Friday, November 23, 2007

What is panna?

One of the missing Italian elements from the American table is panna. The reasons for this are shrouded in mystery.

The word simply means "cream" in Italian, and you may be familiar with it from the popular dessert panna cotta, which literally means "cooked cream." But this Italian cream is not equivalent to our creams, either light or heavy. The Italians distinguish between panna da cucina (also called "panna per cucinare," as in the illustration) and panna da montare: respectively, cooking cream (for savory dishes) and whipping cream, for desserts and especially whipped cream. Although you could use the former in desserts.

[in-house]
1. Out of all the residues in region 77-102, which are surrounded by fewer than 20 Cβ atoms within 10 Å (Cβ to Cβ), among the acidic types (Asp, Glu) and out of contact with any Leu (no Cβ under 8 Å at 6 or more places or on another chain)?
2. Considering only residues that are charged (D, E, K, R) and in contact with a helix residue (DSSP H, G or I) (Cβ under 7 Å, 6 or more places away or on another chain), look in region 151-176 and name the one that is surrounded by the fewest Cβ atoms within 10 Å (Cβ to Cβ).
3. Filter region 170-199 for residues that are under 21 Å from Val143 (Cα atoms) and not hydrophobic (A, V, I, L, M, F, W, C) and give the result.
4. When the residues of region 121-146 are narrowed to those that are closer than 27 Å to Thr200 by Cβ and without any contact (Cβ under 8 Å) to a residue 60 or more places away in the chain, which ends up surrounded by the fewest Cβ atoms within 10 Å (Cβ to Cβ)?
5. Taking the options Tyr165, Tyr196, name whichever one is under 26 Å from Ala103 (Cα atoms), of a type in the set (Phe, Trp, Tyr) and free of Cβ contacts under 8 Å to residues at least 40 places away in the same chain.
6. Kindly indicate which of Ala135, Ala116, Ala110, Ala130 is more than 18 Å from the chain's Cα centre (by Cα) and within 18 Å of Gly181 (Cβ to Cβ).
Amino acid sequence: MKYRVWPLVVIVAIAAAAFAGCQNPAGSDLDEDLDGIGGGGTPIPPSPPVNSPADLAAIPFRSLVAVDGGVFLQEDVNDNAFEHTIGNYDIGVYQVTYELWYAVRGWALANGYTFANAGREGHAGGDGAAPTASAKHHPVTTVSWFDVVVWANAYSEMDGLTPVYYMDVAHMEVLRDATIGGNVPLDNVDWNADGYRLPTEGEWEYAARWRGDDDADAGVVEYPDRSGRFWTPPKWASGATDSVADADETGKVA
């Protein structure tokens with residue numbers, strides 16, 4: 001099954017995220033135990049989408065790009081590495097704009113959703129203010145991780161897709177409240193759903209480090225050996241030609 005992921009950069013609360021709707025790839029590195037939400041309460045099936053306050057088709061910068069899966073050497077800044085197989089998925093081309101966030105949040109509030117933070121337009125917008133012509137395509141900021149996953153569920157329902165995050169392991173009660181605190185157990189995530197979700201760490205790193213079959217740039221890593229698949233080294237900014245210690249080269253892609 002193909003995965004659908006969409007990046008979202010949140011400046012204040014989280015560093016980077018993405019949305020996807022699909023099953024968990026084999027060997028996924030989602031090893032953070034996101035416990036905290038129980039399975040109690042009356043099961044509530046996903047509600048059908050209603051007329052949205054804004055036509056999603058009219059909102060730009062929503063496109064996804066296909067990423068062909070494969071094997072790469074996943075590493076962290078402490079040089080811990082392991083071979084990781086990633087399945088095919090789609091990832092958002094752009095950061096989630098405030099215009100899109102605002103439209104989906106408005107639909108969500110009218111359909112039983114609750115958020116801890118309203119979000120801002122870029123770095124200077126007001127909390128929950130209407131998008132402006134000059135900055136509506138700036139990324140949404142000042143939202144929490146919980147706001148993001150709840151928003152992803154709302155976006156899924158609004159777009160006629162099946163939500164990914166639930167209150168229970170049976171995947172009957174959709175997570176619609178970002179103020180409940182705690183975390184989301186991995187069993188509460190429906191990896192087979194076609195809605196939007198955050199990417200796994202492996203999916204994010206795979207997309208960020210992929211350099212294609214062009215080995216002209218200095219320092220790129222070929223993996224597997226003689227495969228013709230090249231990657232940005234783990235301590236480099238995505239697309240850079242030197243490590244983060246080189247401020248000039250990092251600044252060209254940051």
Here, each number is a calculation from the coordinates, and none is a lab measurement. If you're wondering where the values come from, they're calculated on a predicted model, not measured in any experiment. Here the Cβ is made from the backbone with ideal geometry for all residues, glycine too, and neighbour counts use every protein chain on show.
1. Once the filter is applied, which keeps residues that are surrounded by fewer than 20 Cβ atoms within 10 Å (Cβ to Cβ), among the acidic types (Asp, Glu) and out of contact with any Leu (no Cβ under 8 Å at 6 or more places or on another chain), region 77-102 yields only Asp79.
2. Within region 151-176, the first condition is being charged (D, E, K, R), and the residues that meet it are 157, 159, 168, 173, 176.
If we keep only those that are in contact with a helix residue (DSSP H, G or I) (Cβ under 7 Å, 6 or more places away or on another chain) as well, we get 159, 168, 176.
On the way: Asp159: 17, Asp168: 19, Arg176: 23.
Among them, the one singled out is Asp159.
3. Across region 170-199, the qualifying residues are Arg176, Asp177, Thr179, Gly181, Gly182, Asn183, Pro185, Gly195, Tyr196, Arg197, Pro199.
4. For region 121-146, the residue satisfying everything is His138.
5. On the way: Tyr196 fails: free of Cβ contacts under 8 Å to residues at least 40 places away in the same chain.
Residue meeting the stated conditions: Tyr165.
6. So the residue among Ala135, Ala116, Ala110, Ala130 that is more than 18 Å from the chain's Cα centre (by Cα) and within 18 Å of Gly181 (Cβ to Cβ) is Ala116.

The panna da cucina is thicker than the whipping cream, less fatty, and is not sweet. It is also thicker than our heavy cream, with a consistency between that of heavy cream and sour cream (which is practically unknown in Italy).

This panna is often looked down on by Italian culinary purists. But sometimes it is an excellent (albeit sinful) ingredient, for example, with tortellini al prosciutto crudo, a classic and irresistible dish.

It is, alas, very hard to find in the US.